Thursday, March 13, 2008

The Untouchables

The Untouchables; crime, USA, 1987; D: Brian De Palma, S: Kevin Costner, Robert De Niro, Andy Garcia, Sean Connery, Charles Martin Smith, Richard Bradford
Chicago during the Great Depression. The Prohibition is still enforced by the government, but gangster Al Capone is still making a fortune by smuggling and selling alcohol. Then the Prohibition agent Eliot Ness shows up and declares in the news that he will defeat and arrest Capone. But he immediately experiences a setback when he makes a raid in a bar yet doesn't find any alcohol - obviously, the corruption is present even in the police rows. But then he meets the old police officer Malone who advises him to use dirty methods. Together with two men, they foil every shipment meant to Capone. But then the gangsters kill Malone and Capone hires a bribed jury at his trial for tax evasion. Ness replaces the jury and puts Capone behind bars.

The producers risked a lot when they invested additional money in the excellent crime film "The Untouchables", based on Eliot Ness's autobiographical account of capturing Al Capone, but the movie was a huge box office hit in the end, Brian De Palma's most commercial one aside from "Mission: Impossible". "The Untouchables" are at moments really untouchable, an idealistically made crime film of old school in which four unknown policemen are fighting against the strong gangster, filled with tight, realistic details and minimalistic mannerisms from De Palma's side. Sean Connery didn't achieve some sort of an outstanding role as Malone (the neatest scene is when he shoots at a fugitive criminal because he can't run anymore), yet the voters still gave him an Oscar and a Golden Globe as best supporting actor because he didn't win an award before, but was a legend anyway. He was also nominated for a BAFTA. De Niro is slightly miscast as Capone, but De Palma enriches the story with long juicy Steadicam shots, while the best action sequence is the one at the stairs when the gangsters shoot at Ness who tries to catch a baby carriage, which is a great bow to Eisenstein's famous Odessa sequence from "Potemkin".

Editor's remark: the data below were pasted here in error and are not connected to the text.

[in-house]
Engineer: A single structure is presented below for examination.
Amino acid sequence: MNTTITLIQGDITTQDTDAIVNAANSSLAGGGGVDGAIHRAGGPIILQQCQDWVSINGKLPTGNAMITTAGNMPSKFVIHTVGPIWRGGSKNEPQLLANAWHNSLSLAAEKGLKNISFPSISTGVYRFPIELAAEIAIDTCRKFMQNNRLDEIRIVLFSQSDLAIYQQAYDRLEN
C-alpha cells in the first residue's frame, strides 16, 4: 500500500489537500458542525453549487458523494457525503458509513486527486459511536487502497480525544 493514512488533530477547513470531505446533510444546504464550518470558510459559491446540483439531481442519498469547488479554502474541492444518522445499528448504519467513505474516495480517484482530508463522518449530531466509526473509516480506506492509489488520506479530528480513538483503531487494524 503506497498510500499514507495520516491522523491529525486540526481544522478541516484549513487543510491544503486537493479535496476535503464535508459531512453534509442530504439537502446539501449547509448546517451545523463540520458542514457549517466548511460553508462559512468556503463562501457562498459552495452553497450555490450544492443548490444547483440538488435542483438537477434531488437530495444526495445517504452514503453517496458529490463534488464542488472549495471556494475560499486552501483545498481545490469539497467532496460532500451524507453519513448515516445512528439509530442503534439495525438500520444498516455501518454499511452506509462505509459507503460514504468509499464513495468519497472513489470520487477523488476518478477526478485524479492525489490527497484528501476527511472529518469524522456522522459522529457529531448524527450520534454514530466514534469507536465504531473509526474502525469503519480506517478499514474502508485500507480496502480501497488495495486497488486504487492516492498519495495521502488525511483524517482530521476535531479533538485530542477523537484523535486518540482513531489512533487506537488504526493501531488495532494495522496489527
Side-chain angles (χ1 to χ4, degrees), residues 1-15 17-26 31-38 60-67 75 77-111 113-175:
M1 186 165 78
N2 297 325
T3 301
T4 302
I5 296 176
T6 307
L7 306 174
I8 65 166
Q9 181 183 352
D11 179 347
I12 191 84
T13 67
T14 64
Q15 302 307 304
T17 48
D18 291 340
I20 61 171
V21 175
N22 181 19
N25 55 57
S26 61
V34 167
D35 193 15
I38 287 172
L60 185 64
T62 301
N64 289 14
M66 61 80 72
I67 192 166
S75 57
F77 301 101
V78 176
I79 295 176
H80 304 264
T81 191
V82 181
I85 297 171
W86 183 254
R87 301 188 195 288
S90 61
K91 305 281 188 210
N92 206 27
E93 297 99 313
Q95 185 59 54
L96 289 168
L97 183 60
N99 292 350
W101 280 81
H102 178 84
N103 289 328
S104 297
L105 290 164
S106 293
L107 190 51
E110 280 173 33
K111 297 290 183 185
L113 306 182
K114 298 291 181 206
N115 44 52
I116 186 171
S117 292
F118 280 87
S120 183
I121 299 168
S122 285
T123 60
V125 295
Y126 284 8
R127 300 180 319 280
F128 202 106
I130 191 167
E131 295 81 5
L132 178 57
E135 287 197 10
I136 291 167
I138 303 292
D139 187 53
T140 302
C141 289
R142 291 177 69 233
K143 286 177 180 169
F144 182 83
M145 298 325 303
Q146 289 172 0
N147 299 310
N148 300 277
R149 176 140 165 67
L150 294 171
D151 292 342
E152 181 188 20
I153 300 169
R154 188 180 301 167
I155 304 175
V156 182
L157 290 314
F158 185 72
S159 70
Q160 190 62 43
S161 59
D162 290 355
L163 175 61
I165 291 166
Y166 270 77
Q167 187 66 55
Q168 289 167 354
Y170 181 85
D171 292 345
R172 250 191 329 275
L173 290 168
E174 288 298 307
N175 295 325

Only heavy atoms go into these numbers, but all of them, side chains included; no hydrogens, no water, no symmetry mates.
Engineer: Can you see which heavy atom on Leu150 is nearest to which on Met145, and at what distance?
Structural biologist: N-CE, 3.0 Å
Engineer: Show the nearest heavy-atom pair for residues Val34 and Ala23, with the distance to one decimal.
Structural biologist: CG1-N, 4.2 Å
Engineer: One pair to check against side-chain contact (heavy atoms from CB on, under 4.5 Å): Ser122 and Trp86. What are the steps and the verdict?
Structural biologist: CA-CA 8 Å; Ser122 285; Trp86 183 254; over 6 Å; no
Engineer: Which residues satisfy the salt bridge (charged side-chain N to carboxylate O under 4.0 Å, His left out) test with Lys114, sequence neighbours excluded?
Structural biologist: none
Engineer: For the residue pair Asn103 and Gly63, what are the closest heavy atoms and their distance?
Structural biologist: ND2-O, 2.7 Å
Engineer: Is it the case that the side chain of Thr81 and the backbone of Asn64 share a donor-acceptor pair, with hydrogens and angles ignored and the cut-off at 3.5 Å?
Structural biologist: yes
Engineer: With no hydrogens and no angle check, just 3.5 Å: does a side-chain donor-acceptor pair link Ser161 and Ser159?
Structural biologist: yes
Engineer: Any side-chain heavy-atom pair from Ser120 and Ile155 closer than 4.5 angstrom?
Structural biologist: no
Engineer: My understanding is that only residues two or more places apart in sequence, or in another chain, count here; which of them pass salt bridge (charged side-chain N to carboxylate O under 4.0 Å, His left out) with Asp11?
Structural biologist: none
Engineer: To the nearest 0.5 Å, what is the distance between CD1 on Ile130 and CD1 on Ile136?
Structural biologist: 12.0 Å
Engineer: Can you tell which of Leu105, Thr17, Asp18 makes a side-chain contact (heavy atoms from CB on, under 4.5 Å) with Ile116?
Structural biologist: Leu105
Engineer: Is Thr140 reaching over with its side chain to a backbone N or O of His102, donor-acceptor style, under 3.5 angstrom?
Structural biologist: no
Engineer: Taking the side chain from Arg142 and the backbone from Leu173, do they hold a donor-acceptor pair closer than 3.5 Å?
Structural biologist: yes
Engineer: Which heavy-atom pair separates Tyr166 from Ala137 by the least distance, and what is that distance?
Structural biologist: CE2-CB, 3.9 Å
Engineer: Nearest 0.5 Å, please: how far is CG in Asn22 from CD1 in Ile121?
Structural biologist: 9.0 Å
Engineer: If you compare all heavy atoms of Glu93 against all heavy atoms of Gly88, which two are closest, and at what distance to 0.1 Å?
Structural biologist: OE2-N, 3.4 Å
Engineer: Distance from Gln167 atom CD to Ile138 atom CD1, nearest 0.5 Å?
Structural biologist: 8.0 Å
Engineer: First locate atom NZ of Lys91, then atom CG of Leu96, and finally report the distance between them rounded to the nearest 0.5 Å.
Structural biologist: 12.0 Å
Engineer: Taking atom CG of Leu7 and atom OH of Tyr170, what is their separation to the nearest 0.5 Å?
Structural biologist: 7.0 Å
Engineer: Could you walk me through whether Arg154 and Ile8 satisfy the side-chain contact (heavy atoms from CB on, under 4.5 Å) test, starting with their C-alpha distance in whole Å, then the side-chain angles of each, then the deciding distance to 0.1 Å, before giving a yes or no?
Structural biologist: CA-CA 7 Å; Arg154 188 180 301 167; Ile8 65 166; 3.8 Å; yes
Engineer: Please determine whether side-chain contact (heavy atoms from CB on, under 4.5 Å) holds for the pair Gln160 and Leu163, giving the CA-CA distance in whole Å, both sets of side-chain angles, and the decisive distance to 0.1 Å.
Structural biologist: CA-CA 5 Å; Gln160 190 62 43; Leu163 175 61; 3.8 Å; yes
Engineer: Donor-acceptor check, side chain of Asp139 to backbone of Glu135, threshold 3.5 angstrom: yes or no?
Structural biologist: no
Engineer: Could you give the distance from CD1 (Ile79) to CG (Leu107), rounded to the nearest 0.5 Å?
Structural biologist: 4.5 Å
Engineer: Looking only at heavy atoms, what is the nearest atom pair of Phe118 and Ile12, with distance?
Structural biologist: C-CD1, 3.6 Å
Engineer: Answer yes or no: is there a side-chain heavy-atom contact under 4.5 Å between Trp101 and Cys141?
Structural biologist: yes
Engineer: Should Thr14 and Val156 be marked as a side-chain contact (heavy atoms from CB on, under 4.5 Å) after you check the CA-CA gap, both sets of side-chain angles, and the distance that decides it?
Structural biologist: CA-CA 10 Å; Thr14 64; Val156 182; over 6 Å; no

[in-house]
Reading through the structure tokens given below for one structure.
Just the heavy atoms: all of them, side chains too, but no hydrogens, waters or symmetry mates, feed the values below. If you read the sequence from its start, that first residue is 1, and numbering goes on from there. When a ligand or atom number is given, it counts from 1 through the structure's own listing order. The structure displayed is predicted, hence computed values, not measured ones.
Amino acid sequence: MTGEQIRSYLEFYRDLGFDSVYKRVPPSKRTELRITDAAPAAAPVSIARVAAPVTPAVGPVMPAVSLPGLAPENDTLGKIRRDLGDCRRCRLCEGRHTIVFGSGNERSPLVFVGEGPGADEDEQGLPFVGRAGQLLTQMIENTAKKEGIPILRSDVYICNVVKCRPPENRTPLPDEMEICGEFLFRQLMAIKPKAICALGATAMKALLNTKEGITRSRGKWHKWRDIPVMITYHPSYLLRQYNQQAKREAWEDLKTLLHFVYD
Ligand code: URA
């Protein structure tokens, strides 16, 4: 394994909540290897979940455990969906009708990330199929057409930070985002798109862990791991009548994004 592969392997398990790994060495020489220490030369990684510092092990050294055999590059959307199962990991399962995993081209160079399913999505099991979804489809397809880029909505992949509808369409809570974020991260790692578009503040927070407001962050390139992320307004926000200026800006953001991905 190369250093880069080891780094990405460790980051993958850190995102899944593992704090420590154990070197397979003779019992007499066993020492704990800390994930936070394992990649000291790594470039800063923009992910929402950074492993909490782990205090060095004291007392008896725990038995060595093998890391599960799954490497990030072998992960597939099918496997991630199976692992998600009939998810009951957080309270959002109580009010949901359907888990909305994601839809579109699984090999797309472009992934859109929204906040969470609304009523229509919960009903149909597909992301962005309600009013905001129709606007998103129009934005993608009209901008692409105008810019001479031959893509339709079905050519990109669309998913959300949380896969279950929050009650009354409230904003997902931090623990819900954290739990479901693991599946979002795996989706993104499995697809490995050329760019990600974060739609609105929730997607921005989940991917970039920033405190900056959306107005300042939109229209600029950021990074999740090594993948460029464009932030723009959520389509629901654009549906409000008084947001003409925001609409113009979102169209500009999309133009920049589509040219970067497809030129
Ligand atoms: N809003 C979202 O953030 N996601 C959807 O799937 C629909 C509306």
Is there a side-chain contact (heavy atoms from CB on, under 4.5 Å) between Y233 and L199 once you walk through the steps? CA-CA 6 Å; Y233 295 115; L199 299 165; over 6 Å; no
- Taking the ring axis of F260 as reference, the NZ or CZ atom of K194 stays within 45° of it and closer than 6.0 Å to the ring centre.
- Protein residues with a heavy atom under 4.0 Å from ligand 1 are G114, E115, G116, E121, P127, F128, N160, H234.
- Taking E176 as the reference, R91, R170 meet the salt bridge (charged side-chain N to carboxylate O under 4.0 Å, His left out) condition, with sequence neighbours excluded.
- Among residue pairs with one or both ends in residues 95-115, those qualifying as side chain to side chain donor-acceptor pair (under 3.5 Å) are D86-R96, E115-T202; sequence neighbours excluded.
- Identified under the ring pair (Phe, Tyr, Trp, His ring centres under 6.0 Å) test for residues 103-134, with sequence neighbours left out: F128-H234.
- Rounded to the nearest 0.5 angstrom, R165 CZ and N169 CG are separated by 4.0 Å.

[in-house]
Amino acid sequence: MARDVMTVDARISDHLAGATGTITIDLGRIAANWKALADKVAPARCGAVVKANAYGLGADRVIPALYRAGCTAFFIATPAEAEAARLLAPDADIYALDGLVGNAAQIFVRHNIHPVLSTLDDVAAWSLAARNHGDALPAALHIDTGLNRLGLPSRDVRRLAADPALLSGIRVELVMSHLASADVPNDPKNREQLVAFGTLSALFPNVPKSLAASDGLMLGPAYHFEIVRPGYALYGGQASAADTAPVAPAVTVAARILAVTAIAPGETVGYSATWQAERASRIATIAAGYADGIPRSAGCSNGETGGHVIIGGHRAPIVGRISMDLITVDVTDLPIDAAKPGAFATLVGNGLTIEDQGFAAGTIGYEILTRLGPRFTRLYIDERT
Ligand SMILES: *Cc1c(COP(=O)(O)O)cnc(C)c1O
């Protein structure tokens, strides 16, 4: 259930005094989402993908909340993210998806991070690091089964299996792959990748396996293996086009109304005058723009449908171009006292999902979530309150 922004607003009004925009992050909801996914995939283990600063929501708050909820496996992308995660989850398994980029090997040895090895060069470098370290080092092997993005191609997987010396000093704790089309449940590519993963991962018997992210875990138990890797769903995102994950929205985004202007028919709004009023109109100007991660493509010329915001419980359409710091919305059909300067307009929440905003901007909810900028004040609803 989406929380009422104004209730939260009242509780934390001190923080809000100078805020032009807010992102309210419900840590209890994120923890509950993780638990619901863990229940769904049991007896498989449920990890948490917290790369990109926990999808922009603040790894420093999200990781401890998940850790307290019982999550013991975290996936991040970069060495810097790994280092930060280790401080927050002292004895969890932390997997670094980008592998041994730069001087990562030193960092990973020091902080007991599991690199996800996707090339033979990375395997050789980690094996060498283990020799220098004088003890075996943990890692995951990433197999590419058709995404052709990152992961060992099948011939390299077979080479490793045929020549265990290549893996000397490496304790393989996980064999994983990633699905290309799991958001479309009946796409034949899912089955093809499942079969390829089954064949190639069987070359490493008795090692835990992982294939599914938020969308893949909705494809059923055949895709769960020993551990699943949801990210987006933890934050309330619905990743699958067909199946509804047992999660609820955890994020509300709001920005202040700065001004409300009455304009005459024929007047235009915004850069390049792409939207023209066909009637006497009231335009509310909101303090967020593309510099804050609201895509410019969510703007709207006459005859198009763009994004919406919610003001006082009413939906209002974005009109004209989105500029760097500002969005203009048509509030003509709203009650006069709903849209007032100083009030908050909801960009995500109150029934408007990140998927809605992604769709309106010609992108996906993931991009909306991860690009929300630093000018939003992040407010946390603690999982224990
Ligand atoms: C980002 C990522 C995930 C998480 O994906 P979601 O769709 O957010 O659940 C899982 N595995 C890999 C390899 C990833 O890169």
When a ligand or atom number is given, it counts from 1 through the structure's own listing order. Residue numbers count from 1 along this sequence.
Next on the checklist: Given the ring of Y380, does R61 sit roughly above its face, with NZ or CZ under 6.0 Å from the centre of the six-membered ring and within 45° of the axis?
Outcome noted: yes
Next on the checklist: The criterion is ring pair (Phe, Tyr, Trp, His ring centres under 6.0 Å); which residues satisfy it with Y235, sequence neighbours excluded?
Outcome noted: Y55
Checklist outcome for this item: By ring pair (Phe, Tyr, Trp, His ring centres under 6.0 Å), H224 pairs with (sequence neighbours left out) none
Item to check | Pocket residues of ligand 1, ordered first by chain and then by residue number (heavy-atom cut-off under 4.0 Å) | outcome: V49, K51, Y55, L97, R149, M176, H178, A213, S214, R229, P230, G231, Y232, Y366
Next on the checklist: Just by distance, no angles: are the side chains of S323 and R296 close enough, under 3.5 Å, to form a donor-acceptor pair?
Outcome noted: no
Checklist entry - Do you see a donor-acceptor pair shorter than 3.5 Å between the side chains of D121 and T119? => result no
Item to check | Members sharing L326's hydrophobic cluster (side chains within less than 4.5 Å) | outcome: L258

J Luis Rivera said...

I love this one. Have you seen "Carlito's Way"? That's his masterpiece, IMHO

Marin Mandir said...

Yes, I've seen it. I like "Carlito", though I think it's inferior.